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Publication numberUS2969226 A
Publication typeGrant
Publication dateJan 24, 1961
Filing dateJan 19, 1959
Priority dateJan 19, 1959
Publication numberUS 2969226 A, US 2969226A, US-A-2969226, US2969226 A, US2969226A
InventorsHuntington Morgan G
Original AssigneePyrochem Corp
Export CitationBiBTeX, EndNote, RefMan
External Links: USPTO, USPTO Assignment, Espacenet
Pendant parting petro pyrolysis process
US 2969226 A
Abstract  available in
Images(2)
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Claims  available in
Description  (OCR text may contain errors)

Jan. 24, 196,1

M. G. HUNTINGTON PENDANT PARTING PETROPYRDLYSIS PROCESS Sheets-Sheet 1 Filed Jan. 19. 1959 MP0. HZ

PRODI/c 11s' *J Mayan GHwzb' Z'om WASTE' GAS Jan. 24, 1961 M. s. HUNTINGTON PENDANT PARTING PETRO PYROLYSIS'PROCESS 2 Sheets-Sheet 2 o c @E A.

INVNTOR Morgan 6'. Hwzfffgofz ATTORNEKS7 PENDANT PARTING PETRO PYROLYSIS PROCESS Morgan G. Huntington, Washington, D.C., assigner to Pyrochenl Corporation Filed Jan. 19, 1959, Ser. No. 787,755

S Claims. (Cl. 262-3) This invention relates to the in situ pyrolysis and recovery of insoluble and/or viscous hydrocarbons from initially impervious and impermeable sedimentary irnpregnations such as the Colorado oil shales, and 1t particularly relates to the method whereby frequently repeated pendant parting of the pyrolyzed rocks insures the ow of thermal carrier fluid close against the impermeable, retreating, unpyrolyzed front.

Oil shales which occur, for example, in Colorado, Utah and Wyoming, contain potentially liquid hydrocarbons many times greater than the known petroleum reserves 1n continental United States. These kerogen-impregnated fresh water marls known as the Green River formation constitute one of the greatest single non-coal deposits of potentially liquid hydrocarbon in the world and have approximately four times the total estimated reserve potential of all the oil pools in the Middle East combined.

Many attempts and known prior proposals have been directed to producing salable petroleum commodities by in situ recovery of oil from the oil shale. However, none of the known prior proposals have been commercially successful.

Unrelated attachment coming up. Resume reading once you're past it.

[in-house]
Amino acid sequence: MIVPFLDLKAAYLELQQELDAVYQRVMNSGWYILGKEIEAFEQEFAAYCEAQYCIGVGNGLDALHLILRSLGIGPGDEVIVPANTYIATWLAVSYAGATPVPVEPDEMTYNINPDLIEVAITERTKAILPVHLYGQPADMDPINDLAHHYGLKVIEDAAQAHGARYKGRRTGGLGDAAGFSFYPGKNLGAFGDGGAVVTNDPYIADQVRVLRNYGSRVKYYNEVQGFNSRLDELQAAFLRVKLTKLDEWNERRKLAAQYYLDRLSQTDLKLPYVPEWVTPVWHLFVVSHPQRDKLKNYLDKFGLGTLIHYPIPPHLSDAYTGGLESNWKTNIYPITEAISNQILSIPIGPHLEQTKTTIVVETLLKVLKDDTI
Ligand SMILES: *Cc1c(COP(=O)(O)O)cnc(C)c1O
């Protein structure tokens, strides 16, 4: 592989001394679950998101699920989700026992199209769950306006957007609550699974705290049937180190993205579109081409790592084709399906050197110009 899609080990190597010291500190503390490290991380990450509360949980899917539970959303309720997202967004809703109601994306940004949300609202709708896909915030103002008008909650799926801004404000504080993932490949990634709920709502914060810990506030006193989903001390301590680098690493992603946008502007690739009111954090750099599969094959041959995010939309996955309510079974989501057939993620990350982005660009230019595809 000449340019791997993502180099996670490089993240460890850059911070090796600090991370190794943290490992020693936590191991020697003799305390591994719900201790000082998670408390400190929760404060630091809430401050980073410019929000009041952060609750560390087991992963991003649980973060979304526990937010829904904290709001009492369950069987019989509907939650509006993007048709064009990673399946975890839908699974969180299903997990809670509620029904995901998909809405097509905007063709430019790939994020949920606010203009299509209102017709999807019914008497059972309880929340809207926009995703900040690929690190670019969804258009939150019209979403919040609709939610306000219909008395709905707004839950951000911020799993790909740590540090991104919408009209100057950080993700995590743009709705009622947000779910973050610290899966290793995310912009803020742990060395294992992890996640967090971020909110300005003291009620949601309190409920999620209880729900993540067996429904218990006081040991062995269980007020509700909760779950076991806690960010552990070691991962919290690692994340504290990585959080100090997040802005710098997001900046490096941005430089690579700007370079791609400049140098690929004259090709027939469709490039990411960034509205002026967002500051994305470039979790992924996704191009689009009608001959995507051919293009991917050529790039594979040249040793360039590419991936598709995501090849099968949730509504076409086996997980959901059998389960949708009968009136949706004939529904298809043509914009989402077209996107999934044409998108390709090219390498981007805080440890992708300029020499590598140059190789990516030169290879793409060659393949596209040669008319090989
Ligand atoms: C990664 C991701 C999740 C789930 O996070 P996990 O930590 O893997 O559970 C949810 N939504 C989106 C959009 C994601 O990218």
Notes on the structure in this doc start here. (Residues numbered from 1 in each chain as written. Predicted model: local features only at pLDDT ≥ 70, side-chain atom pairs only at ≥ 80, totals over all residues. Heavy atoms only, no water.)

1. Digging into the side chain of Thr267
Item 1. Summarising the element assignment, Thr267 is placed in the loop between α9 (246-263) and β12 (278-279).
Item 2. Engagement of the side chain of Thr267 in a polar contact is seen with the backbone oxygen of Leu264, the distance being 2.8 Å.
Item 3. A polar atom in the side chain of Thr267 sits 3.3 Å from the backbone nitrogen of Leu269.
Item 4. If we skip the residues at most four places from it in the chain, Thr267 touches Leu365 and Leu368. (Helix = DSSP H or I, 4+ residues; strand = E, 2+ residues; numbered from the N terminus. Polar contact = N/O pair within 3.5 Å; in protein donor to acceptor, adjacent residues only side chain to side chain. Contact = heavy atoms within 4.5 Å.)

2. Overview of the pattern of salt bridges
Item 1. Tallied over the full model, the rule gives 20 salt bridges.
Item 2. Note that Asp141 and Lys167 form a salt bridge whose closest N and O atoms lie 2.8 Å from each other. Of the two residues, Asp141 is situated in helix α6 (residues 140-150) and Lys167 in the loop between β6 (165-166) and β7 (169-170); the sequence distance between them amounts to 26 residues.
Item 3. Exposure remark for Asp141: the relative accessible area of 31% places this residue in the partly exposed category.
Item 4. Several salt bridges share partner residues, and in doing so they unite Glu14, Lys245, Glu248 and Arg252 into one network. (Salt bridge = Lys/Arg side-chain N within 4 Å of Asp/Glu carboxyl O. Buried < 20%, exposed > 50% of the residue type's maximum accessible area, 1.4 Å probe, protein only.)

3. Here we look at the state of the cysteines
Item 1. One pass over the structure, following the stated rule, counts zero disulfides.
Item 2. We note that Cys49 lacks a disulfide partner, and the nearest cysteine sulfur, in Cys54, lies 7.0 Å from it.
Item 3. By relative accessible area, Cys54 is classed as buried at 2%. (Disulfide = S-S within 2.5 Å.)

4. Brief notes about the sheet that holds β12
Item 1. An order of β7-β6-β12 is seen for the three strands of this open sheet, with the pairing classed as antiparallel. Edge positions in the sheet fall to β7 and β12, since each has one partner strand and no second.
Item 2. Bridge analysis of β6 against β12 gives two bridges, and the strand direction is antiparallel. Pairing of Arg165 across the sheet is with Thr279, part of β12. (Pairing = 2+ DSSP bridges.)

There are a number of problems involved in the situ recovery of the petroleum products of oil shale which contributed to the failure of the prior attempts at in situ recovery. These problems are created mainly by the nature of the oil shale, which is a kerogen impregnated material that is dense, practically impervious to fluids, and contains only about one percent moisture. Further, formations of oil shale although dense and impervious, contain planes of weakness.

The character of oil shale thus creates problems for in situ recovery by a thermal carrier uid which must be overcome to provide a workable process. First of all, it is necessary to afford free entry and controlled circulation of some thermal carrier uid at requisite temperatures to heat the massive shale formation to above 800 F. Following destructive distillation of the shale when heated by the thermal carrier fiuid, the products carried by the thermal carrier fluid must not be heated too greatly or indiscriminate cracking will occur. Also, initially impervious oil shale formation becomes porous following destructive distillation and therefore can hold and absorb condensed products of pyrolysis. Hence, crude shale oil will tend to recondense and remain in the cooler portion of the porous pyrolyzed rock. This invention relies on a novel process which overcomes all of the aforesaid problems. Among the objects of this invention are the following:

To provide a method whereby initially impervious and impermeable oil shales and other hydrocarbon impregnations may be pyrolyzed in situ and whereby substantially all of the :duid products of pyrolysis may be recovered.

ments may be raised in temperature to above 800 F States Patent O by a lthermal carrier medium which itself is below 1300 F.